Efficacy of surgical skin preparation with chlorhexidine in alcohol according to the concentration required to prevent surgical site infection: meta-analysis

Tatsuki Hasegawa, Sho Tashiro, Takayuki Mihara, Junya Kon, Kazuki Sakurai, Yoko Tanaka, Takumi Morita, Yuki Enoki, Kazuaki Taguchi, Kazuaki Matsumoto, Kazuhiko Nakajima, Yoshio Takesue

Research output: Contribution to journalArticlepeer-review

Abstract

BACKGROUND: A combination of chlorhexidine gluconate and alcohol (CHG-alcohol) is recommended for surgical skin preparation to prevent surgical site infection (SSI). Although more than 1 per cent CHG-alcohol is recommended to prevent catheter-related bloodstream infections, there is no consensus regarding the concentration of the CHG compound for the prevention of SSI. METHODS: A systematic review and meta-analysis was performed. Four electronic databases were searched on 5 November 2020. SSI rates were compared between CHG-alcohol and povidone-iodine (PVP-I) according to the concentration of CHG (0.5 per cent, 2.0 per cent, 2.5 per cent, and 4.0 per cent). RESULTS: In total, 106 of 2716 screened articles were retrieved for full-text review. The risk ratios (RRs) of SSI for 0.5 per cent (6 studies) and 2.0 per cent (4 studies) CHG-alcohol were significantly lower than those for PVP-I (RR = 0.71, 95 per cent confidence interval (c.i.) 0.52 to 0.97; RR = 0.52, 95 per cent c.i 0.31 to 0.86 respectively); however, no significant difference was observed in the compounds with a CHG concentration of more than 2.0 per cent. CONCLUSIONS: This meta-analysis is the first study that clarifies the usefulness of an alcohol-based CHG solution with a 0.5 per cent or higher CHG concentration for surgical skin preparation to prevent SSI.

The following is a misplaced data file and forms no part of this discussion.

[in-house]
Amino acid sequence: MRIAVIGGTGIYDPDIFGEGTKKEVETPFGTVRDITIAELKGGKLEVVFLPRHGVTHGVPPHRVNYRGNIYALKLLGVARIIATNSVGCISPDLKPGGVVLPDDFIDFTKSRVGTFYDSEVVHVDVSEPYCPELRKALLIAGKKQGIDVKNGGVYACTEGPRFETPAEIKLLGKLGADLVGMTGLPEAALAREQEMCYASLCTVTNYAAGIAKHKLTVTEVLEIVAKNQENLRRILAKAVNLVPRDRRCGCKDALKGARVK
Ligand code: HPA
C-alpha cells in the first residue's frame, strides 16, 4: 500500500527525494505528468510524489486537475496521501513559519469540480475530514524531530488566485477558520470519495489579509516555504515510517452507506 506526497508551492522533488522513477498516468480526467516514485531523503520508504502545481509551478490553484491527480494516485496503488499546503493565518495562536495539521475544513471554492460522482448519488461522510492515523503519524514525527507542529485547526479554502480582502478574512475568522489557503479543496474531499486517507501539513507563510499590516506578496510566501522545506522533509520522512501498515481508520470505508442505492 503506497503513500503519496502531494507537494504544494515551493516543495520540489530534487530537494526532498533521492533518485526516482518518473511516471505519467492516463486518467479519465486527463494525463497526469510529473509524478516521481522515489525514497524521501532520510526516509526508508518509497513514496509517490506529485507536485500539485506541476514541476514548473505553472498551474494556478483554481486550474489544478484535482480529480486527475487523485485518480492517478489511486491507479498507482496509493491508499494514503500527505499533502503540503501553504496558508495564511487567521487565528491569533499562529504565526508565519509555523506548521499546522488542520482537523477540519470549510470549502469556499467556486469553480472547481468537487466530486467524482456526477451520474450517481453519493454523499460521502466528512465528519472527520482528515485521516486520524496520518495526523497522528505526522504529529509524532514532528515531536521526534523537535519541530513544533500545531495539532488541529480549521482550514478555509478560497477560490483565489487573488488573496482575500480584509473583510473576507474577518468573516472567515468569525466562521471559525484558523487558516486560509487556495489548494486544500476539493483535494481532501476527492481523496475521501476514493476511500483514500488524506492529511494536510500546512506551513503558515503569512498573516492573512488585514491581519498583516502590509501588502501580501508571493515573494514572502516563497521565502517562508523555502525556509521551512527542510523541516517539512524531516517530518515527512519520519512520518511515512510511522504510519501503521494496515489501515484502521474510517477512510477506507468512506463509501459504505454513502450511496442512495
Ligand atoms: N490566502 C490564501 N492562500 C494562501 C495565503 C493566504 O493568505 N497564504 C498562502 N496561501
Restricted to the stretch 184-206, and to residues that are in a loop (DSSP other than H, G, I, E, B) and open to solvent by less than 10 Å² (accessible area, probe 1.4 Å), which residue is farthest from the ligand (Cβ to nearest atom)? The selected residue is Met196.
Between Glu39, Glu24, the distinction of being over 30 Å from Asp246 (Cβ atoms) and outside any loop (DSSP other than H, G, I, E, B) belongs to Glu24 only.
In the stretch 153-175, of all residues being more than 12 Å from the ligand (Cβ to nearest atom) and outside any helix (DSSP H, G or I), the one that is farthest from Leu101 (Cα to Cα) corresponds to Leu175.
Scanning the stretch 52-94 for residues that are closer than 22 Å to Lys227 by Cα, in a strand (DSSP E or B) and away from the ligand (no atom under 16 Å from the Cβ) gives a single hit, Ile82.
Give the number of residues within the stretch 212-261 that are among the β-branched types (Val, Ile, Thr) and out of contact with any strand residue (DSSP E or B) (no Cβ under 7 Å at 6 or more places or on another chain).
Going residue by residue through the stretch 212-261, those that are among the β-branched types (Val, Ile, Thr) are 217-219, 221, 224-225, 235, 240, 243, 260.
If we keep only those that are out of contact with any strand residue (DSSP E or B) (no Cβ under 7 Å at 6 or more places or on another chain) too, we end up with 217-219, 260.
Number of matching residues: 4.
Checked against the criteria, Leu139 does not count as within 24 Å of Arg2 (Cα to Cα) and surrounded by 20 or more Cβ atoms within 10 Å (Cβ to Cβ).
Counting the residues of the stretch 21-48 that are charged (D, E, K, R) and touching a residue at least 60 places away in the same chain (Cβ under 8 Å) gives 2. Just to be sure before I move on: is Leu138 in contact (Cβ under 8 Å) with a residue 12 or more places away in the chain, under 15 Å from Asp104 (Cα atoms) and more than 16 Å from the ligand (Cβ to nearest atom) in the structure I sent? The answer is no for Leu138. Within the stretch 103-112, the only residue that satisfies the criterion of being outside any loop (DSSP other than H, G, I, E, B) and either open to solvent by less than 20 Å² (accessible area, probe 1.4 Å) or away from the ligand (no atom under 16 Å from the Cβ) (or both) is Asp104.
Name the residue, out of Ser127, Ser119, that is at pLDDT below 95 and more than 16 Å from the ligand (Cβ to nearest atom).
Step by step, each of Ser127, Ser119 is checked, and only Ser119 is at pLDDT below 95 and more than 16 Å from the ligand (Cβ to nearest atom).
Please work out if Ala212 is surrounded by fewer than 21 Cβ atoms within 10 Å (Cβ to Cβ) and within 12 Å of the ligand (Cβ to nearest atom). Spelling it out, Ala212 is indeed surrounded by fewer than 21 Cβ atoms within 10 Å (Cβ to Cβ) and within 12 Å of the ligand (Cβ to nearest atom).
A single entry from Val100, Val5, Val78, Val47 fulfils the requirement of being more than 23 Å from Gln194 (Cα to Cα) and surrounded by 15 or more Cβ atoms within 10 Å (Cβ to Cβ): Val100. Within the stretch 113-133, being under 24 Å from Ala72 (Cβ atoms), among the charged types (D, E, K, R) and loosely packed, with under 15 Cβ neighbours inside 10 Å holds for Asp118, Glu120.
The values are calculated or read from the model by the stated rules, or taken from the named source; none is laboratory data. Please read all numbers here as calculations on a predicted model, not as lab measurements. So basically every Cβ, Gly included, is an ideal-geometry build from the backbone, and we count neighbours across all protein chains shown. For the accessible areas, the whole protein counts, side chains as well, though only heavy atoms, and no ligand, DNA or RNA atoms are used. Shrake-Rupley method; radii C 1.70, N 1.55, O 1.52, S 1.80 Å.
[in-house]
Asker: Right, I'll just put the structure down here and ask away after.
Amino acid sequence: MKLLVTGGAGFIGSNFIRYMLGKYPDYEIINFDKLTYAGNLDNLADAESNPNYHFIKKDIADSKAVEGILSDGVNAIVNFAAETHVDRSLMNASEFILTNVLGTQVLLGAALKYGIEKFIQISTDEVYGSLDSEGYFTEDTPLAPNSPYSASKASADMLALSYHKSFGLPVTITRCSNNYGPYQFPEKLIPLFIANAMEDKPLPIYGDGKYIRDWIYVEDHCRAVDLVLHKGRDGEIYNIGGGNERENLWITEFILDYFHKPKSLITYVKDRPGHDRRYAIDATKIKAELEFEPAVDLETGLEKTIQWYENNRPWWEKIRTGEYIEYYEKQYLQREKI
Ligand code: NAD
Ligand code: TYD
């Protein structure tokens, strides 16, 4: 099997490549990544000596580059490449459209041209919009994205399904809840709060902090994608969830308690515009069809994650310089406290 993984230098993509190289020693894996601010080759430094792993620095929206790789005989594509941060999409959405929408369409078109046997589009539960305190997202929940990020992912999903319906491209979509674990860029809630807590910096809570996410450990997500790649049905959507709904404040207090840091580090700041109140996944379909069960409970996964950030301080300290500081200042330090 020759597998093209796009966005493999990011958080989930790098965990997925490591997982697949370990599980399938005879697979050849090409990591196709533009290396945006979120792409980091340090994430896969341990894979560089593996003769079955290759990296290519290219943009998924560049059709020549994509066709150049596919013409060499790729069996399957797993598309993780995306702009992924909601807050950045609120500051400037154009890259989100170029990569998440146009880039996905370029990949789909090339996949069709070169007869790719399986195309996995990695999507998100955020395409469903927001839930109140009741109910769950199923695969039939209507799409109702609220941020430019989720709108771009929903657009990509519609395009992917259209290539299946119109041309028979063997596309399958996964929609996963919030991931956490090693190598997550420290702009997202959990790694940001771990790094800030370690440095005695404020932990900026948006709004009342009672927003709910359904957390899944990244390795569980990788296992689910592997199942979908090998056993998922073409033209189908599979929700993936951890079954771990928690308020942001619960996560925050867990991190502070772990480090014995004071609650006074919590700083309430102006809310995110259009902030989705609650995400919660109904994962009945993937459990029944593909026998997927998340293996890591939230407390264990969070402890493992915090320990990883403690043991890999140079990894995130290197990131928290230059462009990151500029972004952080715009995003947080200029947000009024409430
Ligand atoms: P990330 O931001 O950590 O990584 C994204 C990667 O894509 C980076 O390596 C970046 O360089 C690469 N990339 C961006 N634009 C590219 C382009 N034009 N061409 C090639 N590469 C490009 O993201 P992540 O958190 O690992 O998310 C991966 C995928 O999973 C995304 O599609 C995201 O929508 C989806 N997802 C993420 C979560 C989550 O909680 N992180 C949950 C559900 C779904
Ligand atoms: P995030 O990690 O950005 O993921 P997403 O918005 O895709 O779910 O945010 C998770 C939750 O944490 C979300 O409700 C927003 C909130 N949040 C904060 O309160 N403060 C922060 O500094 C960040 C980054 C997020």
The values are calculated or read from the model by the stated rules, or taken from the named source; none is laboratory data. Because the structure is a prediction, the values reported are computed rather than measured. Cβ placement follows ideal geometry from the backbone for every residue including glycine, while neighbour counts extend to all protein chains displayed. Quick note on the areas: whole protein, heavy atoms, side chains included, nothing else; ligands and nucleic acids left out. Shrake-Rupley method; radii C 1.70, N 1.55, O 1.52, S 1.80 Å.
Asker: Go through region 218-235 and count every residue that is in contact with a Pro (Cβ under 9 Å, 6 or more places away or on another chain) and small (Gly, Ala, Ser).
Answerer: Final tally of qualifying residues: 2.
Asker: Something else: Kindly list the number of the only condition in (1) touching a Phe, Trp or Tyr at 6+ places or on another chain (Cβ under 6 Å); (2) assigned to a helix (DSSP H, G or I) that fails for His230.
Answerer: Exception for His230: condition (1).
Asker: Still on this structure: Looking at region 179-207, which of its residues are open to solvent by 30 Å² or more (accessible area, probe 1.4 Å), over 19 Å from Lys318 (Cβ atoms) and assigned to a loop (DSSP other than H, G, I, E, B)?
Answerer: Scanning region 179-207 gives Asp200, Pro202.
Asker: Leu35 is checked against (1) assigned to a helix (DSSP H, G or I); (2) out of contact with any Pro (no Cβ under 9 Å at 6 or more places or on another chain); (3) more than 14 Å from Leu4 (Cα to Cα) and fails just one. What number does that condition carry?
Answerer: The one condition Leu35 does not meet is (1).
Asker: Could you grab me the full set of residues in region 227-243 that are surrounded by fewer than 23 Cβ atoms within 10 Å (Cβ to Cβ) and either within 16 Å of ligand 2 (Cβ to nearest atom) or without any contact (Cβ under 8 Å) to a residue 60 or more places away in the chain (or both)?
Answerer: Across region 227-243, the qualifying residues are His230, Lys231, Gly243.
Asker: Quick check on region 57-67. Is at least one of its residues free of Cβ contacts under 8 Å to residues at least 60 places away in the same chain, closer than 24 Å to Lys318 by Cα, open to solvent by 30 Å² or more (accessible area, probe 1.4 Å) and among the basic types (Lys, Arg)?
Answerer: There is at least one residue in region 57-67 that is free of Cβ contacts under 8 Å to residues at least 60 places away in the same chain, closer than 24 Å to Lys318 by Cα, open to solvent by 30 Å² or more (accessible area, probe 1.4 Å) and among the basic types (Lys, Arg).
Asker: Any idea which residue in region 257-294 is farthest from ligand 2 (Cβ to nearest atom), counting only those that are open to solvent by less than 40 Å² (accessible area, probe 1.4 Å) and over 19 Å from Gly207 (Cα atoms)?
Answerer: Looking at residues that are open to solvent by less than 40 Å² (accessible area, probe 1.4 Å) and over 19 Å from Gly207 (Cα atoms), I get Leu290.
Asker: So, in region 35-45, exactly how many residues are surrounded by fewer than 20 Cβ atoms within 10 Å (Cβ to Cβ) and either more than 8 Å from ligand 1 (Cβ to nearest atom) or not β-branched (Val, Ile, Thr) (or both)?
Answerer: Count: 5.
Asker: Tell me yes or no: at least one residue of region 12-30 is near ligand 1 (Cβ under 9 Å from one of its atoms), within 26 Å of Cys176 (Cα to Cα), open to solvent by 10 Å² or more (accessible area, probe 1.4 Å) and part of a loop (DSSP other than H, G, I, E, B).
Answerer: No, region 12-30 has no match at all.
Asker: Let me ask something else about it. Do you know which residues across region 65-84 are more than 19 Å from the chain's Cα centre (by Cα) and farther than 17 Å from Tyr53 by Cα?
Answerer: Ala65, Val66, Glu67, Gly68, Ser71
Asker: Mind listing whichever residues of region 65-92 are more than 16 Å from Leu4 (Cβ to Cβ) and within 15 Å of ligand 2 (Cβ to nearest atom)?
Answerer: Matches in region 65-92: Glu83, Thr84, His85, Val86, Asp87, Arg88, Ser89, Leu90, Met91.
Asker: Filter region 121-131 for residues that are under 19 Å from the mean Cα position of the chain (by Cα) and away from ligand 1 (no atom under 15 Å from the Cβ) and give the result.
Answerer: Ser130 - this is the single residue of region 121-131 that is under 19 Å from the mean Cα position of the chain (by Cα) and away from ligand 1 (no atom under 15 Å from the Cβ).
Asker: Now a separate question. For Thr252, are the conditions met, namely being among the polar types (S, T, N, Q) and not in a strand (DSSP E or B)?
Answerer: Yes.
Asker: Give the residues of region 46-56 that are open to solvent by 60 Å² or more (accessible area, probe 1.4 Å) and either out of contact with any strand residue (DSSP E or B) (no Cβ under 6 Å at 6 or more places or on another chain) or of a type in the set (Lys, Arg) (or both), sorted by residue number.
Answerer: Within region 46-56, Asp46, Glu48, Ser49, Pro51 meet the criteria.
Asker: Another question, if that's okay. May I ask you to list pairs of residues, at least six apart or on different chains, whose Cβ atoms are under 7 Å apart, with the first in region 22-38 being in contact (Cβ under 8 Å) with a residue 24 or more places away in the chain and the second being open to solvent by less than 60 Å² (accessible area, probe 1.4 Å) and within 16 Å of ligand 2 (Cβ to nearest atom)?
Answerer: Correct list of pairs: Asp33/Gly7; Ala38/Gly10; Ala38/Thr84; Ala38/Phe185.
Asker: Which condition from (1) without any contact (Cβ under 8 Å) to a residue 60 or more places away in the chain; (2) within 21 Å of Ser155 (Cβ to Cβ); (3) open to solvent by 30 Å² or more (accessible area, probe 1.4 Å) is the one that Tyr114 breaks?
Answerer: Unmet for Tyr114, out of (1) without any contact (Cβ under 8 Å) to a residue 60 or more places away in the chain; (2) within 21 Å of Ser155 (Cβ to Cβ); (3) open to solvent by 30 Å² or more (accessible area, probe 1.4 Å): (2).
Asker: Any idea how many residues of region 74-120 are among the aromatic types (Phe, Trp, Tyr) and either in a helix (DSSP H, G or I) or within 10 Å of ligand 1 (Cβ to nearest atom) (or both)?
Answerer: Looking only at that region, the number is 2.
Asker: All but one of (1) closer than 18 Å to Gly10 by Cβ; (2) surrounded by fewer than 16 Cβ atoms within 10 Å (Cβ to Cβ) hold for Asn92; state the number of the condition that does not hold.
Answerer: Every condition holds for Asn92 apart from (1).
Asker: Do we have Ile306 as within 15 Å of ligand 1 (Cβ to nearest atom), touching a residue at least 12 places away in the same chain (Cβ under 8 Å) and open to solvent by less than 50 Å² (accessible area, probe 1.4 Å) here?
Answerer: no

Original languageEnglish
JournalBJS open
Volume6
Issue number5
DOIs
Publication statusPublished - 2022 Sep 2

ASJC Scopus subject areas

  • Medicine(all)

Fingerprint

Dive into the research topics of 'Efficacy of surgical skin preparation with chlorhexidine in alcohol according to the concentration required to prevent surgical site infection: meta-analysis'. Together they form a unique fingerprint.

Cite this